Sweden’s book market is now some 60% digital, and it’s only the anticipated Christmas trade that is expected to keep print from the tipping point where the format’s economic viability comes into question, and with it the future of bookstores that rely on print sales.
The Storytel Interim Report January-September, published this week, has hit the headlines in some trade journals, although the Q3 figures generating so much excitement, along with the acquisitions list (Kitab Sawti, iCast, the Belgium launch, etc, are hardly news, having been announced – and covered here at TNPS – back in early October and prior.
As discussed here at TNPS in September, Sweden’s book market is now some 60% digital, and it’s only the anticipated Christmas trade that is expected to keep print from the tipping point where the format’s economic viability comes into question, and with it the future of bookstores that rely on print sales.
In his letter to shareholders for the Storytel Q3 Interim report CEO Jonas Tellander rammed home his belief that audiobooks alone would account for 50% of the Swedish fiction book market by year’s end.
It is my strong belief that audiobook sales will represent over 50% of the total fiction book sales in Sweden at the end of 2020. This development, on one of the most mature audiobook markets, certainly indicates that there is opportunity and excellent potential for both Storytel and publishers with a digital mindset to grow the global book market fuelled by the increasing popularity of audiobooks. This spurs and motivates us even more in our global expansion. The audiobook journey has only just begun.
Tellander of course has a vested interest in playing to the strengths of audiobooks, so it’s worth noting that many recent Storytel announcements have at least acknowledged ebooks as an important part of the Storytel mix.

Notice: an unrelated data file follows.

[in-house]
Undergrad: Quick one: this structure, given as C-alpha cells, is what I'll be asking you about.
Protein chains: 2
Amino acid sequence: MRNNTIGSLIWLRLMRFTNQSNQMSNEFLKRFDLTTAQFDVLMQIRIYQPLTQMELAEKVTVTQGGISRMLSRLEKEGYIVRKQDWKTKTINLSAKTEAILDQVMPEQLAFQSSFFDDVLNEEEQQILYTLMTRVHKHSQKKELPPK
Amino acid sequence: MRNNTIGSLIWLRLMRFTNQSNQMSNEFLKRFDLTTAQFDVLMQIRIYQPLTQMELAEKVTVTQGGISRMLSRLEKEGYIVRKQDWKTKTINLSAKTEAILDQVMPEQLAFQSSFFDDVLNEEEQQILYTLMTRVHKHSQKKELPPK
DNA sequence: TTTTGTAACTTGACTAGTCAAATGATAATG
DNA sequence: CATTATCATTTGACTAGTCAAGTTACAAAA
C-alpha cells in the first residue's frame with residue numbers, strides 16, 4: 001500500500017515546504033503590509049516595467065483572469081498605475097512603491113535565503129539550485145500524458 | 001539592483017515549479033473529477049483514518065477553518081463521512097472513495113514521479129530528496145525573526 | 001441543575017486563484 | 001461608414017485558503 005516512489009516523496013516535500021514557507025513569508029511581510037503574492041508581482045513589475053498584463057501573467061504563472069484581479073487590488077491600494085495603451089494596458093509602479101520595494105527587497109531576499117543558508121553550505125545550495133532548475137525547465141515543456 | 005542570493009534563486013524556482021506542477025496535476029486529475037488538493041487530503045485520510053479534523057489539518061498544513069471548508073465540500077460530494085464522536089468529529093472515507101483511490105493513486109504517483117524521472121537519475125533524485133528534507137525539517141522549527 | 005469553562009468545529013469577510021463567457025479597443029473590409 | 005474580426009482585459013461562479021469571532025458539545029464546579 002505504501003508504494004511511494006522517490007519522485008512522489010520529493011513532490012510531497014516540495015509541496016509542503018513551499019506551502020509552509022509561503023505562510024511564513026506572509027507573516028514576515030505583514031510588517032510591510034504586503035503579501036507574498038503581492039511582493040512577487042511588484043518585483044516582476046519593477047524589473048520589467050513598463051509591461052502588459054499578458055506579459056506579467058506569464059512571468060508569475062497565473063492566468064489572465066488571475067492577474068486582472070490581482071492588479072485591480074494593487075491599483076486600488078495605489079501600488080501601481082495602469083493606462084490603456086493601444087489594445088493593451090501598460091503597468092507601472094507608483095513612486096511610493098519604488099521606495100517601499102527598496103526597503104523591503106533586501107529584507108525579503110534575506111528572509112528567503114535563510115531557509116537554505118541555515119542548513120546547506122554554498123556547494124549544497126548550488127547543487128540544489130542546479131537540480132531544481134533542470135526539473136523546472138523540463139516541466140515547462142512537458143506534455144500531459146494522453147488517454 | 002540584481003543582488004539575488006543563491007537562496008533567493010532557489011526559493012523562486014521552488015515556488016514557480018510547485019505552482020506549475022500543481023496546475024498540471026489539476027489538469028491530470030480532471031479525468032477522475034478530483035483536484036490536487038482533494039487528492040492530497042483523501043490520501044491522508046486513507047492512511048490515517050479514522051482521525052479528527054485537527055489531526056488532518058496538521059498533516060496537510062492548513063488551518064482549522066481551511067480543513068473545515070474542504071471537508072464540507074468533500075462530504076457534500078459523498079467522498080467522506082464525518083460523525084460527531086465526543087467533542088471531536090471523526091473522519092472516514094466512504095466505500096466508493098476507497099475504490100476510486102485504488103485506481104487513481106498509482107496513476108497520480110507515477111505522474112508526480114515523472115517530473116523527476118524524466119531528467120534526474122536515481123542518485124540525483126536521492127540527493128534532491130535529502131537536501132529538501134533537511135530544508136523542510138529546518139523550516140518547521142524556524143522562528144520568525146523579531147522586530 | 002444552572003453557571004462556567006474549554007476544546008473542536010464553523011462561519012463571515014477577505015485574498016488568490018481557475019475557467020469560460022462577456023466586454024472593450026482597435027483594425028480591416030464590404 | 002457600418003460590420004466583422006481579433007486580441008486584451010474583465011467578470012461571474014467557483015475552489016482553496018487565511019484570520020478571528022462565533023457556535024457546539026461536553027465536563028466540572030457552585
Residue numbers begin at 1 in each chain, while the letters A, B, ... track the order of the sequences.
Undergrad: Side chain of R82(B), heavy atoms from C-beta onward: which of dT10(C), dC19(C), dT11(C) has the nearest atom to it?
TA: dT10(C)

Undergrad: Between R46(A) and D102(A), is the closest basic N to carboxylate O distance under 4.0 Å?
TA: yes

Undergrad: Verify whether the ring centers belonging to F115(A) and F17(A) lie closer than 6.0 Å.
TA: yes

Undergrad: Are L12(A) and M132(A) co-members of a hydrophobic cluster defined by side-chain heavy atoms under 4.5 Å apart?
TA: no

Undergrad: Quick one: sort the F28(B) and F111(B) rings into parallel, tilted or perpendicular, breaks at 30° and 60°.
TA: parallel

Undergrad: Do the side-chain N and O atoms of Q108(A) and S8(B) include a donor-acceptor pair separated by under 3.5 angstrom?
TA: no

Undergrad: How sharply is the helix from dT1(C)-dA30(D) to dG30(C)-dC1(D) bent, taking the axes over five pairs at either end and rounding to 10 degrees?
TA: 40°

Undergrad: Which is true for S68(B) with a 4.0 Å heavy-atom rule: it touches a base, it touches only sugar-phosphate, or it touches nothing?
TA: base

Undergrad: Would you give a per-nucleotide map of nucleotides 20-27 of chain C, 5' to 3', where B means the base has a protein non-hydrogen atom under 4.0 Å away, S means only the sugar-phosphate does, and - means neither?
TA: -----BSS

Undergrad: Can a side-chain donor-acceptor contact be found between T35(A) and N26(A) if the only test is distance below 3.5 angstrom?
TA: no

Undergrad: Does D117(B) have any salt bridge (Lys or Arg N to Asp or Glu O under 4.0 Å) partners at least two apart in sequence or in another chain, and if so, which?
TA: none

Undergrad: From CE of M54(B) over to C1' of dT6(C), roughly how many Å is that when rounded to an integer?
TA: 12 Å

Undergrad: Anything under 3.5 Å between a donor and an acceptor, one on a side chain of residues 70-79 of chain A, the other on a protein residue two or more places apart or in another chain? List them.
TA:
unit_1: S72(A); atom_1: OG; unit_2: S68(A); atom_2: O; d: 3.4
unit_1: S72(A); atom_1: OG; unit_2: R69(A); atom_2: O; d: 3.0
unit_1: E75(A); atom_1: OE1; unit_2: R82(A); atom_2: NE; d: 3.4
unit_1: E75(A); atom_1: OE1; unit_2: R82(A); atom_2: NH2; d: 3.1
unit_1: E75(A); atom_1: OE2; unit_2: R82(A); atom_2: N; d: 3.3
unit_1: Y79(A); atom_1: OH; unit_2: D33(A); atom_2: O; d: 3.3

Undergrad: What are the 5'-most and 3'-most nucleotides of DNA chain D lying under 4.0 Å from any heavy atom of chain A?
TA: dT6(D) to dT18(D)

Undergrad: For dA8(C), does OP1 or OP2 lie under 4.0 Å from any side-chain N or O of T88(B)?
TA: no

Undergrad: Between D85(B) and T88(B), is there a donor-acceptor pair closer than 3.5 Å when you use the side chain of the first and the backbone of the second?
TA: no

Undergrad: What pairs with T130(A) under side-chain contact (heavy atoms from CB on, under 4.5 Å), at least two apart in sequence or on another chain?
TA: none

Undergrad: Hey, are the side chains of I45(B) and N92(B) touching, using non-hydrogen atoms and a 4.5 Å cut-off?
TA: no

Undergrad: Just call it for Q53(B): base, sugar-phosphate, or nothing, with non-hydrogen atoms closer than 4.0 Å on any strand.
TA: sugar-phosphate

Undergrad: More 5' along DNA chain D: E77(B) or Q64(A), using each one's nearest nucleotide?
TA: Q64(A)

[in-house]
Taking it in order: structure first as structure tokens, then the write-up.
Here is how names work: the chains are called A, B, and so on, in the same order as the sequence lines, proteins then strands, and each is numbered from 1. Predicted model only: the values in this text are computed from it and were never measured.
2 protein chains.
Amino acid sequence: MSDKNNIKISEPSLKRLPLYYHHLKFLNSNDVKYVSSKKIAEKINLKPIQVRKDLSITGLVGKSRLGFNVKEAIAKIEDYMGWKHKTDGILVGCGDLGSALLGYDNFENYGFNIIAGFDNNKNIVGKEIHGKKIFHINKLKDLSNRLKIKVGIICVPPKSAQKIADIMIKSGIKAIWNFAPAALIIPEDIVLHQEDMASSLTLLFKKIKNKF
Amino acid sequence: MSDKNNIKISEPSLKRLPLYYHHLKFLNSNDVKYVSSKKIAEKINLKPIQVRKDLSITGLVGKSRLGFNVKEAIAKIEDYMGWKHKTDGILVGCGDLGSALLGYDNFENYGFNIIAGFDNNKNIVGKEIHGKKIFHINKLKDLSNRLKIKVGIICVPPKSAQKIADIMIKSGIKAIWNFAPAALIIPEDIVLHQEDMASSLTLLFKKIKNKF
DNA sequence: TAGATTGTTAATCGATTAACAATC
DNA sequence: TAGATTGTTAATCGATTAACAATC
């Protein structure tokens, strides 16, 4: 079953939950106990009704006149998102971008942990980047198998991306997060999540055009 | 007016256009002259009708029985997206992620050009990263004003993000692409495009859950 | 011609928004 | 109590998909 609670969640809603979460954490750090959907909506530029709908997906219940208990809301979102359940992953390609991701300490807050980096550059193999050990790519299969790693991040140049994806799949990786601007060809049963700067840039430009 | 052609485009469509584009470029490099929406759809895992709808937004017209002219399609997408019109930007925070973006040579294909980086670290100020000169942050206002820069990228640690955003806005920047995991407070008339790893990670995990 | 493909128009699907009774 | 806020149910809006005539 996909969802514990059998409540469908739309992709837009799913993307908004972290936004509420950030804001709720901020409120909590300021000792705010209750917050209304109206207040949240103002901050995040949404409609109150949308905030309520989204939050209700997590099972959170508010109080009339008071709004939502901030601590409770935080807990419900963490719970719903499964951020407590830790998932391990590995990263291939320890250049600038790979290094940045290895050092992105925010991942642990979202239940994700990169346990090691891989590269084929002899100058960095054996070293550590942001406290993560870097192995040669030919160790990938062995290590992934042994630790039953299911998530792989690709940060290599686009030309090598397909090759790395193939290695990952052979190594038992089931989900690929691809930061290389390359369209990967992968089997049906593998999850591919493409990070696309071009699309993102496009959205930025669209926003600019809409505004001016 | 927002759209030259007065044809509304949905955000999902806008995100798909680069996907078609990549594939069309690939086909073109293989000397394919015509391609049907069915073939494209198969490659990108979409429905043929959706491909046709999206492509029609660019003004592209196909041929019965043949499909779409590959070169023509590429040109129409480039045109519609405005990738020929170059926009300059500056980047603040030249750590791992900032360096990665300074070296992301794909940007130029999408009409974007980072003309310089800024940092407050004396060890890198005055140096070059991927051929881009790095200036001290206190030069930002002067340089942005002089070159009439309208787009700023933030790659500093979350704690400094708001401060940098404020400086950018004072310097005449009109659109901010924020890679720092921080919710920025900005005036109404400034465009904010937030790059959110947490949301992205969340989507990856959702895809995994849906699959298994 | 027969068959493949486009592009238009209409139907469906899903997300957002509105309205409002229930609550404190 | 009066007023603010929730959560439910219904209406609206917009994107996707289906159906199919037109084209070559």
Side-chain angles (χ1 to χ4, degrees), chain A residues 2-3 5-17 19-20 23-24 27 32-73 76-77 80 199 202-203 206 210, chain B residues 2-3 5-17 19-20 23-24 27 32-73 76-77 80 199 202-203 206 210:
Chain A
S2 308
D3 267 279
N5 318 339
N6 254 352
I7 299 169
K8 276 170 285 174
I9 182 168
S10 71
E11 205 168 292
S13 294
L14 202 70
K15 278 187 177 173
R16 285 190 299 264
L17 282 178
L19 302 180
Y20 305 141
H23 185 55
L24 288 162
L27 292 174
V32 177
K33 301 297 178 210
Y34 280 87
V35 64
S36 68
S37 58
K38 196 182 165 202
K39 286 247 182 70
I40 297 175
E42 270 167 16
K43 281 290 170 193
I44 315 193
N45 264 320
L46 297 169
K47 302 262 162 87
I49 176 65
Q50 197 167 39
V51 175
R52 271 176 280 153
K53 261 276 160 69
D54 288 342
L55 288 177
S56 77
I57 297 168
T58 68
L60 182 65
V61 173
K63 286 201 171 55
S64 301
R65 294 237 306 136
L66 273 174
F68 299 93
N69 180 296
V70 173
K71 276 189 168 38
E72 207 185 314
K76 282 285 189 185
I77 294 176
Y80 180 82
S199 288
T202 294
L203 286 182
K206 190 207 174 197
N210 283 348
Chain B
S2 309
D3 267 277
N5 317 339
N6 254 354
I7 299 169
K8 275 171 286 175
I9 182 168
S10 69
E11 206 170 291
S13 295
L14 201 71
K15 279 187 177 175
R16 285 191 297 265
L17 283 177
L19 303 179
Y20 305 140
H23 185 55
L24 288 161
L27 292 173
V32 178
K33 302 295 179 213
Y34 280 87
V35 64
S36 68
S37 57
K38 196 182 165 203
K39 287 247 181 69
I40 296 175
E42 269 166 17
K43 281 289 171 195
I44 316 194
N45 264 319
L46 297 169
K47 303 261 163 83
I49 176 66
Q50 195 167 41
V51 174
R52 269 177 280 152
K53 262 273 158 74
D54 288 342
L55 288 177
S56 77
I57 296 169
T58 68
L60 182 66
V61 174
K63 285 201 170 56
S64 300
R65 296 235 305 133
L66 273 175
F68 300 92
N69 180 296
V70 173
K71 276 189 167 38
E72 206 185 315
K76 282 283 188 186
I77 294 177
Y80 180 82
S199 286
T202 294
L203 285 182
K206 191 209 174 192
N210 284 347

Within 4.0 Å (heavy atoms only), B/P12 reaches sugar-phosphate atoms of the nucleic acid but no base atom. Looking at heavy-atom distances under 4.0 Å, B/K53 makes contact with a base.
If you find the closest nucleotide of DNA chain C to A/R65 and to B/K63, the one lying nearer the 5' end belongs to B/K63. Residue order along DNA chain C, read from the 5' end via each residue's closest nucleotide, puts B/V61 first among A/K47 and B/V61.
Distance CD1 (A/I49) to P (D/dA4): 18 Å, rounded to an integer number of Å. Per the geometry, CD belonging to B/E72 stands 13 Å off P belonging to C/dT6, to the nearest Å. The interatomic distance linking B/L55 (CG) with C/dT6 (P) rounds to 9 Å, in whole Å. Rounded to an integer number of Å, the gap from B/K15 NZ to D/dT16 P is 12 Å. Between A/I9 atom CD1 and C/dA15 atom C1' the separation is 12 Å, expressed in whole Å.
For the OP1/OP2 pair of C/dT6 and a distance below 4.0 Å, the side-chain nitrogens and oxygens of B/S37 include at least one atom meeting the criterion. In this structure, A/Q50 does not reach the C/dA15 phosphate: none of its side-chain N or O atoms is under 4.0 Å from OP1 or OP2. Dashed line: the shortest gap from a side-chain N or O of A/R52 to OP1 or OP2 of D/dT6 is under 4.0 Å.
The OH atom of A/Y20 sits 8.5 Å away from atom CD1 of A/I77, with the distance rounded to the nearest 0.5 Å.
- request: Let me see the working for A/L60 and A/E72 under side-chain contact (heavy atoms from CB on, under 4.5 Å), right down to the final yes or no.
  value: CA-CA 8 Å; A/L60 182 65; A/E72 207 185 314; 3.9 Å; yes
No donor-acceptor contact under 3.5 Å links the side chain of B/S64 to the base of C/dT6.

Tellander’s focus on audiobooks is entirely understandable, but risks limiting Storytel’s long-term global expansion into emerging markets where publishers simply don’t have the means to produce quality audio at a cost low enough to be covered by the comparatively low subscription rates that will need to be charged.
Storytel India is a case in point. The unlimited Storytel option costs 299 rupees. That’s just $4 – which even allowing production costs in India will be lower than in Sweden still raises viability problems.
Well, perhaps not for India, with 560 million people online. The sheer volume of potential consumer engagement means this will be lucrative for Storytel. But this is not a viable strategy for smaller emerging markets where online engagement is low, and this reality is one Storytel will need to face in the not too distant future.
Ebooks of course have nowhere near the same production costs and can be comfortably offered at low subscription rates. And while Storytel plays its audiobook cards, other entrants to the field will not be sidelining ebooks in the way Storytel does.
We’ve already seen YouScribe push into the Africa book market with an ebook-focussed subscription service that is doing extraordinarily well, and we can expect other digital publishing players to step into the ebook vacuum, both in existing Storytel markets and in the markets Storytel has yet to reach.
To paraphrase Tellander, the digital book journey has only just begun